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Why was the Michelson-Morley experiment important?

Learn about the importance of the Michelson-Morley light wave experiment.

The speed of light seems to be a universal constant. [©Shutterstock, 2010]
©Shutterstock, 2010
The speed of light seems to be a universal constant.

This experiment on light waves, first carried out in 1881 by physicists Albert A. Michelson (1852-1931) and E.W. Morley (1838-1923) in the United States, is one of the historically significant experiments in physics and led to the development of Einsteins's theory of relativity.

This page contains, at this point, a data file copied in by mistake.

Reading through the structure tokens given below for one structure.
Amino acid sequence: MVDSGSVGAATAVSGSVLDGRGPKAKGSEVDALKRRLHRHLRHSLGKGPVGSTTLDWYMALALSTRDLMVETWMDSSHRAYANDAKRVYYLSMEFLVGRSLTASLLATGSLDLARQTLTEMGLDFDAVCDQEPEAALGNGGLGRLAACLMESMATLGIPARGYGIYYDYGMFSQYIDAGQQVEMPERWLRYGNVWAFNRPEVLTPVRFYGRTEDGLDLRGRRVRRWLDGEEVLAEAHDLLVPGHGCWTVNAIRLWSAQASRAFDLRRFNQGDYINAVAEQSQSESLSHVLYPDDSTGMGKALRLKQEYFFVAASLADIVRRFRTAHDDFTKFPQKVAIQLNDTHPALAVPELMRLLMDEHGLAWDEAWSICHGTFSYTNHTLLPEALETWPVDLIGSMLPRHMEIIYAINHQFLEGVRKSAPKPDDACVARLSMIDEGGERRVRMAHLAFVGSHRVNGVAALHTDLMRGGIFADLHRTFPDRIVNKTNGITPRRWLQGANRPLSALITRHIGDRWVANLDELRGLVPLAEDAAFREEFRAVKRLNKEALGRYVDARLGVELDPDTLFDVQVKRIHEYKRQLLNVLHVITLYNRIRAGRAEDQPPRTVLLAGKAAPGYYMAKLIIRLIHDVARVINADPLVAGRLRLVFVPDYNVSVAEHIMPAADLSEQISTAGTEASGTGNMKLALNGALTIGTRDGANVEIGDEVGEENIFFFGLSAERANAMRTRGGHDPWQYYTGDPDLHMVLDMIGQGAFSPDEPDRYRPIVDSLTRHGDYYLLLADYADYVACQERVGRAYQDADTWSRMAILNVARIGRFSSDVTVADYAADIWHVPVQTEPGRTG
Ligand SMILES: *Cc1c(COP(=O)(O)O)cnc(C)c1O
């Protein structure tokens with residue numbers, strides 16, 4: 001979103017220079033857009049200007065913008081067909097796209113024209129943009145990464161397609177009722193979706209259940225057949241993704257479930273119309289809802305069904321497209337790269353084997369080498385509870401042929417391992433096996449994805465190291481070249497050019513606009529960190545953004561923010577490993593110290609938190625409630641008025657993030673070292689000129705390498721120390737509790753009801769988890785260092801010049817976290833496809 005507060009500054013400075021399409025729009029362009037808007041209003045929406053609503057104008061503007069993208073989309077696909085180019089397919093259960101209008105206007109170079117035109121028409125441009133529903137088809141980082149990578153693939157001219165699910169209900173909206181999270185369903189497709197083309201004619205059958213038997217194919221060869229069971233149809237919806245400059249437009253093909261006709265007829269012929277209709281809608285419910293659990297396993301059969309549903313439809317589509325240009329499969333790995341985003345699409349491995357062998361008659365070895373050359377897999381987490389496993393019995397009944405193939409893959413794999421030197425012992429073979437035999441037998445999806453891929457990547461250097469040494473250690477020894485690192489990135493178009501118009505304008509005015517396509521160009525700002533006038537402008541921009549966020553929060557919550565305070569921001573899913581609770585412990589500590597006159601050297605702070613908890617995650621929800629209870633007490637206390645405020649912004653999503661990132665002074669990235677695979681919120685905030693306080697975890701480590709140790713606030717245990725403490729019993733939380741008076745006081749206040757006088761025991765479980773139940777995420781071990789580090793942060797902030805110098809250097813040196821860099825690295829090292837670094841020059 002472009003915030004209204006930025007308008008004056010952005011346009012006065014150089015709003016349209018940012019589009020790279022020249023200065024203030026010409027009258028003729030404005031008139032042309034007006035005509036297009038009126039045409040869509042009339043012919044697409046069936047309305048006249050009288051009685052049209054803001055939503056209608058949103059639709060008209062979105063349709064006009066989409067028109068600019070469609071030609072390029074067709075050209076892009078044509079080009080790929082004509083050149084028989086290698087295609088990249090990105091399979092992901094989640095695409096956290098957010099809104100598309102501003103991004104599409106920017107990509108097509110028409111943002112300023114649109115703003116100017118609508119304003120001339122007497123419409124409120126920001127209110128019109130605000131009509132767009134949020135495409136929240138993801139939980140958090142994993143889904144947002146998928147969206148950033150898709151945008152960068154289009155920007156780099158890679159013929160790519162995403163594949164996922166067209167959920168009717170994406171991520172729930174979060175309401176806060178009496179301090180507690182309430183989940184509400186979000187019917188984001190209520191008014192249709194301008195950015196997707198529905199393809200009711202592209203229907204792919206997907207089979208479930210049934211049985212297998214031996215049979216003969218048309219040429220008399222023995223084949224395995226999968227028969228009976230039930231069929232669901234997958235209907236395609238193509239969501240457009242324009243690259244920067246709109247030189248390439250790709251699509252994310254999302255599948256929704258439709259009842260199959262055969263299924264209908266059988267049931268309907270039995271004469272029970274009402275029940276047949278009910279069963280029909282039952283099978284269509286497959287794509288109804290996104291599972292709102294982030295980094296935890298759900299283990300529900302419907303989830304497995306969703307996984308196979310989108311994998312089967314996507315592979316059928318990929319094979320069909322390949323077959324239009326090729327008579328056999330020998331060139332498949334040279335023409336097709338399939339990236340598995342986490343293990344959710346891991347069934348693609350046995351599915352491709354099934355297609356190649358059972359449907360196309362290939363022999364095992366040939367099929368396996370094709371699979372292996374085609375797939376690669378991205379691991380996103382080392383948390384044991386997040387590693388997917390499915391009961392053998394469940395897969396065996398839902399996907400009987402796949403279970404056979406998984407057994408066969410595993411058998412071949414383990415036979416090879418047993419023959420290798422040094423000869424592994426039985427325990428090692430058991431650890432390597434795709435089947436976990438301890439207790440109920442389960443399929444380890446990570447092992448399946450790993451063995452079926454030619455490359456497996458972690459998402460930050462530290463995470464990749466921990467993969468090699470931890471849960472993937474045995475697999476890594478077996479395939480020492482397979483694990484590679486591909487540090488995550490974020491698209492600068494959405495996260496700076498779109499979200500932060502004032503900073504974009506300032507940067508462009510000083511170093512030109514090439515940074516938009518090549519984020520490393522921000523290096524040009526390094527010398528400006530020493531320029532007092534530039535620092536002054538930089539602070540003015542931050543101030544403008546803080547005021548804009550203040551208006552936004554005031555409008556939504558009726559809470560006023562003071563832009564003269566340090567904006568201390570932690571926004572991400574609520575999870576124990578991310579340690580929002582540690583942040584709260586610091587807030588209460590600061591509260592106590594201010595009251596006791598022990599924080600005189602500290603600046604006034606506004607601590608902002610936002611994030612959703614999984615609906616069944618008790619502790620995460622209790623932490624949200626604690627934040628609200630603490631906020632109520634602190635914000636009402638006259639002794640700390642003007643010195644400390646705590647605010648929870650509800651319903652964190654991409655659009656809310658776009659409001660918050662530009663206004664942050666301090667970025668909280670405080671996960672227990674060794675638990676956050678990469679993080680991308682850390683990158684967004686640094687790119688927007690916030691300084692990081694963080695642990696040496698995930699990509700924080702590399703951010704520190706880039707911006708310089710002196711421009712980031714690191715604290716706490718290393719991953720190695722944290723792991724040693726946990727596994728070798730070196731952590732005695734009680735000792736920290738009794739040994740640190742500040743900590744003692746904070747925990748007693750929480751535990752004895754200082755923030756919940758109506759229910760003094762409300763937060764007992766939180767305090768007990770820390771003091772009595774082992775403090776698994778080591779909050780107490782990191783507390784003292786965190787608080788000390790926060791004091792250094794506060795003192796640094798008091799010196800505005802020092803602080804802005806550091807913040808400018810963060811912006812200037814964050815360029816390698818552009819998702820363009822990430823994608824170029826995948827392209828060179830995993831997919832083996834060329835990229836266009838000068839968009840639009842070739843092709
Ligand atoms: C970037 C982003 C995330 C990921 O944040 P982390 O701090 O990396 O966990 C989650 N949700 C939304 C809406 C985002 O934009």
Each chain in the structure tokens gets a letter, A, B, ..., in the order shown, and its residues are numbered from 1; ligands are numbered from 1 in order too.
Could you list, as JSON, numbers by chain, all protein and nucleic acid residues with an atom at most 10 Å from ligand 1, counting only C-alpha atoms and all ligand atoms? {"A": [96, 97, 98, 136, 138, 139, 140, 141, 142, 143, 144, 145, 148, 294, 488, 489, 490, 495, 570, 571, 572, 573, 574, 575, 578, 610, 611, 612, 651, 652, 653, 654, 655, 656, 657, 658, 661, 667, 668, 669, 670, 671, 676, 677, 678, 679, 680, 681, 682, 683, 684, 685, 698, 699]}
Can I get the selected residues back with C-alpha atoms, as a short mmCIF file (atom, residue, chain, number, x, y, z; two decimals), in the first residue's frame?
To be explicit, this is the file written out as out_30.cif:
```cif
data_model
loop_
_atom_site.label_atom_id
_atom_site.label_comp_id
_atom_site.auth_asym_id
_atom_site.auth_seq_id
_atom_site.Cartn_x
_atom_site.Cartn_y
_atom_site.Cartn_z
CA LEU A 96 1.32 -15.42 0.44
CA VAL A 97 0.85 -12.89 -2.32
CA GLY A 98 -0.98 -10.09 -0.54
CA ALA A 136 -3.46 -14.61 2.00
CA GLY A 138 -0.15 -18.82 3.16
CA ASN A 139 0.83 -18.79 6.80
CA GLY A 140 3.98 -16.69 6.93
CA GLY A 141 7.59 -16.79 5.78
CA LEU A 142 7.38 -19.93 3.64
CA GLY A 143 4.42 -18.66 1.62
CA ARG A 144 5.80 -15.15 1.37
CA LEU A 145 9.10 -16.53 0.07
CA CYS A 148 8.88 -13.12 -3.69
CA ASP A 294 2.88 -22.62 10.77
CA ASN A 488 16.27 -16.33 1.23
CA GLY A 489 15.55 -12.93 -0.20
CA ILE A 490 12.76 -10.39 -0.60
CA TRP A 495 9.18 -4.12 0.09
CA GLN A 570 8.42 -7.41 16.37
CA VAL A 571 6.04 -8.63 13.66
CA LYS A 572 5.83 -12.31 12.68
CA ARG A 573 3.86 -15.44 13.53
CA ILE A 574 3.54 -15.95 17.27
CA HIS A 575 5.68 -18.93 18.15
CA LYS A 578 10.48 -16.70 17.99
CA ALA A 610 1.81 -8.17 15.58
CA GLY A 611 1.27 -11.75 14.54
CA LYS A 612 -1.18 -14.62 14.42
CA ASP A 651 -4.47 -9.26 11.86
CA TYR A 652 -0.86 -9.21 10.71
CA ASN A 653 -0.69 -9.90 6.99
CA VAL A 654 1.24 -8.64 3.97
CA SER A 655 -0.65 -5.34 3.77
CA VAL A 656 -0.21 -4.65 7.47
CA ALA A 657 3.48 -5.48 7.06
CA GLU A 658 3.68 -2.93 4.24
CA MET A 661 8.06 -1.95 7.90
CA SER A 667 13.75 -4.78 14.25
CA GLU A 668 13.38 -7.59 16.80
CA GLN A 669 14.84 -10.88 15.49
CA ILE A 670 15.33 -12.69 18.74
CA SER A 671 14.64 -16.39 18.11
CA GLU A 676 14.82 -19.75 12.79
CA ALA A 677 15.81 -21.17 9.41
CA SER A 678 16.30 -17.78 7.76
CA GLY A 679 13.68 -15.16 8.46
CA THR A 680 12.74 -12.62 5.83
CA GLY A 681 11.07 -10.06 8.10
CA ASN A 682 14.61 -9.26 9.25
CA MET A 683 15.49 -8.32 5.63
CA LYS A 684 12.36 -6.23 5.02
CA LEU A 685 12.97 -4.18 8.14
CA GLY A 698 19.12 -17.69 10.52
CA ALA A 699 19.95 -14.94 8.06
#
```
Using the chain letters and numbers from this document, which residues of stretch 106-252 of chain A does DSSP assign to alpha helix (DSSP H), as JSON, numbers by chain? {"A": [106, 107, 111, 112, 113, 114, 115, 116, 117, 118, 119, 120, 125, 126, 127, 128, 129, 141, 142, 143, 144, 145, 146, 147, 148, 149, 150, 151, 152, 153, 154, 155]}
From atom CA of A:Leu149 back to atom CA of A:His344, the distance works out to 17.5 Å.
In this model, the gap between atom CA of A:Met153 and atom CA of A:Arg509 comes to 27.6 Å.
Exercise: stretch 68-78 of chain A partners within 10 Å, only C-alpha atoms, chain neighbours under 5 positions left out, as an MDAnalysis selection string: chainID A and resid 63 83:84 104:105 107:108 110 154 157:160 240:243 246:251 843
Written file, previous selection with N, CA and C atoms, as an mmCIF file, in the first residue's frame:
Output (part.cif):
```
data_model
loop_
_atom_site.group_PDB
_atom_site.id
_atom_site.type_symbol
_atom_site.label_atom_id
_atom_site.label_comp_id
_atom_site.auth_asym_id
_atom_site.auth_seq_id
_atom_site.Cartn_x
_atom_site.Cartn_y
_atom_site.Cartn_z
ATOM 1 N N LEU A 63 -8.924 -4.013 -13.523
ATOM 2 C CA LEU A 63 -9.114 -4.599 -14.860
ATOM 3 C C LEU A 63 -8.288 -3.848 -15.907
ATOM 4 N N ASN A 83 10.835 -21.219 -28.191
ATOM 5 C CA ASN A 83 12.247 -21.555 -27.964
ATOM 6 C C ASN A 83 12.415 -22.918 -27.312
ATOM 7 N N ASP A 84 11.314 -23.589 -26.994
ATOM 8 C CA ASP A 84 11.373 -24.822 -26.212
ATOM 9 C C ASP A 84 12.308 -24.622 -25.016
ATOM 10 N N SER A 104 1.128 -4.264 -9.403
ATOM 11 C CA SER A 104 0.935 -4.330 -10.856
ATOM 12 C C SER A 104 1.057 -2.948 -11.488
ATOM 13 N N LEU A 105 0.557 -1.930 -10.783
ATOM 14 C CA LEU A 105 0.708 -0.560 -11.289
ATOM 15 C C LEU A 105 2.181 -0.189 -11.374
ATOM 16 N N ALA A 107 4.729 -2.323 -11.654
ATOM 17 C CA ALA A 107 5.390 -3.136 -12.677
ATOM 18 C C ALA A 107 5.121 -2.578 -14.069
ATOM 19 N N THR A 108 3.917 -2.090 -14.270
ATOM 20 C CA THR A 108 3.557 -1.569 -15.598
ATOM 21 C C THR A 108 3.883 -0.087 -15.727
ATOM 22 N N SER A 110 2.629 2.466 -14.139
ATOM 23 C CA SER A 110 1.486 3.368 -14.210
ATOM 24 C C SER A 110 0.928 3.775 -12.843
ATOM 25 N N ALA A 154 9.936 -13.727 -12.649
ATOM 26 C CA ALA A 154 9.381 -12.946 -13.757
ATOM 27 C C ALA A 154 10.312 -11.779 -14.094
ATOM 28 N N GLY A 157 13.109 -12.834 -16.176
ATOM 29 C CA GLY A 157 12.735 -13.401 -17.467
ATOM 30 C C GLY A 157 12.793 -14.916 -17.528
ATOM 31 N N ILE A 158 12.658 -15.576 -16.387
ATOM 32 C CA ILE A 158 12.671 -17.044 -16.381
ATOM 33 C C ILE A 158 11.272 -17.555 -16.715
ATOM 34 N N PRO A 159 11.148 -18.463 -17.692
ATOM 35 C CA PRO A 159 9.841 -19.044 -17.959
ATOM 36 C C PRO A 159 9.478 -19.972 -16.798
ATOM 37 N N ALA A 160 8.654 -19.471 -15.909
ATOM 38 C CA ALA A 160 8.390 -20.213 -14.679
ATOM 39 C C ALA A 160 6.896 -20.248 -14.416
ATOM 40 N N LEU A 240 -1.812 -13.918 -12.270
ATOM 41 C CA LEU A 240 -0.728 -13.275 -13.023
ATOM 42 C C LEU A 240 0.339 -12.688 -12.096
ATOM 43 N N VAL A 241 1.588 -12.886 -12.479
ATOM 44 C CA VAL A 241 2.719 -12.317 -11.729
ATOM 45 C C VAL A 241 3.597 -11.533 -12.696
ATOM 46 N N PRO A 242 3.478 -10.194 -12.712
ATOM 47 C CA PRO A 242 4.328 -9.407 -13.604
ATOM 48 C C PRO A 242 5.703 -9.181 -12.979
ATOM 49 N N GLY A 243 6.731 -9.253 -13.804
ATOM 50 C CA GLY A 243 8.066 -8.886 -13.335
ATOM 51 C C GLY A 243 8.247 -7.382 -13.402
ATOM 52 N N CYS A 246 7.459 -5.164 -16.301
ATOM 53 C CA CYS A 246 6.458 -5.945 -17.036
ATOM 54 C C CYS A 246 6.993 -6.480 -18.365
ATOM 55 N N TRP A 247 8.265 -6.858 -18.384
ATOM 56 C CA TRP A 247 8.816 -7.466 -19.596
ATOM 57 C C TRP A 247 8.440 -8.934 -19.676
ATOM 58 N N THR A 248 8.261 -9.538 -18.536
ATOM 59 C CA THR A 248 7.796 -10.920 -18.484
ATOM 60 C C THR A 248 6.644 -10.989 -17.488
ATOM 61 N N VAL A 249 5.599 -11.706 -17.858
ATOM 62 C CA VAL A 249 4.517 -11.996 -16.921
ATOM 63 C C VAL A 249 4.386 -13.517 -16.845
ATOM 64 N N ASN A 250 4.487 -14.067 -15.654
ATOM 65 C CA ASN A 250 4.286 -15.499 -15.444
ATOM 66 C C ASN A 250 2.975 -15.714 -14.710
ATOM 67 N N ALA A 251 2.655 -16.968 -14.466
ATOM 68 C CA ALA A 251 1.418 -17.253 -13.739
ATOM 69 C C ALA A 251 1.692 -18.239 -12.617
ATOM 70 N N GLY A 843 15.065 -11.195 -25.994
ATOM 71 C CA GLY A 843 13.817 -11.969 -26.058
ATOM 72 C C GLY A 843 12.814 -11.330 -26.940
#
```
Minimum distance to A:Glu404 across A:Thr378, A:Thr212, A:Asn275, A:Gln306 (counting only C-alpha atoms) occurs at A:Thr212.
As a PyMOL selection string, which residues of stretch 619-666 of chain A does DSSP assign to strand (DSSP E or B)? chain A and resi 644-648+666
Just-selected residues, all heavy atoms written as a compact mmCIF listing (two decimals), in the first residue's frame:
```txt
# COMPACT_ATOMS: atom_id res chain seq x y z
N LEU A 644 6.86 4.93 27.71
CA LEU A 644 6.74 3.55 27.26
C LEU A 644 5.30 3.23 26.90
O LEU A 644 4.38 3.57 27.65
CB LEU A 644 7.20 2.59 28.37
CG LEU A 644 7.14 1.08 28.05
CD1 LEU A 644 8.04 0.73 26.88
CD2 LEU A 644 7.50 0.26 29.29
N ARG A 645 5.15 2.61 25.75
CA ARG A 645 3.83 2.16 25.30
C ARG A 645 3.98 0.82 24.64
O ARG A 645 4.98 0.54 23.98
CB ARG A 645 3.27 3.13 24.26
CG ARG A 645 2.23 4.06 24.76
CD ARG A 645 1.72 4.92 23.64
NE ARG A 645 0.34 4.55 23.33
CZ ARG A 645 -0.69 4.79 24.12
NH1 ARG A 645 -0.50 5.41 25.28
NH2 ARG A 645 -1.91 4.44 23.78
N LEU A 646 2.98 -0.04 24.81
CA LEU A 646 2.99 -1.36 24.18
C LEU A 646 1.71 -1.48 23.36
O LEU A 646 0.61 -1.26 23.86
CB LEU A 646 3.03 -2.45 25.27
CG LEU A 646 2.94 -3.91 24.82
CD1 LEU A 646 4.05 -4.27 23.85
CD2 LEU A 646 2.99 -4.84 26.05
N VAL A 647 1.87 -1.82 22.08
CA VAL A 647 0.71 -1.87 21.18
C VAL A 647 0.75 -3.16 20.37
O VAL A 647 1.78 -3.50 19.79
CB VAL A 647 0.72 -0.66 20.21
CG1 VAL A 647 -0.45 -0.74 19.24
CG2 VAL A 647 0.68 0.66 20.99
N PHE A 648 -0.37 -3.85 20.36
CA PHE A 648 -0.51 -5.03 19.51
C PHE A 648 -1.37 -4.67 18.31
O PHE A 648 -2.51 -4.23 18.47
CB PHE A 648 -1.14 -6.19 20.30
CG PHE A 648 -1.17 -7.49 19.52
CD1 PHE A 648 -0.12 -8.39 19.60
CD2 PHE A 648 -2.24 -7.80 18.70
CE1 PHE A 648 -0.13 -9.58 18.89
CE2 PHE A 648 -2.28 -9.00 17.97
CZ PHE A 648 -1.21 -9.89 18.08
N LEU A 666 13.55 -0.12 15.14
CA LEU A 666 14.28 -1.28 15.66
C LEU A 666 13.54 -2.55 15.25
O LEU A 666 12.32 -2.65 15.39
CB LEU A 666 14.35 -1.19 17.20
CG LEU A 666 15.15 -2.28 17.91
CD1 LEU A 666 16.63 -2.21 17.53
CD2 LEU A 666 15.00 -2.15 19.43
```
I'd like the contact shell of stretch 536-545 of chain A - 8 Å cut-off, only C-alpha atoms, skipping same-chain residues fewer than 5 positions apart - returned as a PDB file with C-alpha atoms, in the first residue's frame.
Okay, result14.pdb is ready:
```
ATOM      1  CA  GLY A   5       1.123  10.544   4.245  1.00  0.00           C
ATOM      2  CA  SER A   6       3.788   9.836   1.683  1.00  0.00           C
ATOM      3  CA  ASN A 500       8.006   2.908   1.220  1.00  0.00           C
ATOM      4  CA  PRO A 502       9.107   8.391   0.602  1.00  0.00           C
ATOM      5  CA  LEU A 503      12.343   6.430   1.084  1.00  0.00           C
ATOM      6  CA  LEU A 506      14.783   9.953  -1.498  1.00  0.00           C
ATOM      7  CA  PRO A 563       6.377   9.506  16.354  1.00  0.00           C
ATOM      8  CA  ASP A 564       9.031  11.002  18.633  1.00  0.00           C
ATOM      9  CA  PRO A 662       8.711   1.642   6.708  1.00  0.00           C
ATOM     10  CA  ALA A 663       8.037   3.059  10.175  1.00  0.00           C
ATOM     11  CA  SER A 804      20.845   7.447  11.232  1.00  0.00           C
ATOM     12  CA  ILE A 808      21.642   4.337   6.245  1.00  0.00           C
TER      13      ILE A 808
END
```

The original experiment, using the Michelson interferometer, attempted to detect the velocity of the Earth with respect to the hypothetical "luminiferous ether," a medium in space proposed to carry light waves. The procedure measured the speed of light in the direction of the Earth and the speed of light at right angles to the Earth's motion. No difference was found. This result discredited the ether theory and ultimately led to the proposal by Albert Einstein (1879-1955) that the speed of light is a universal constant.

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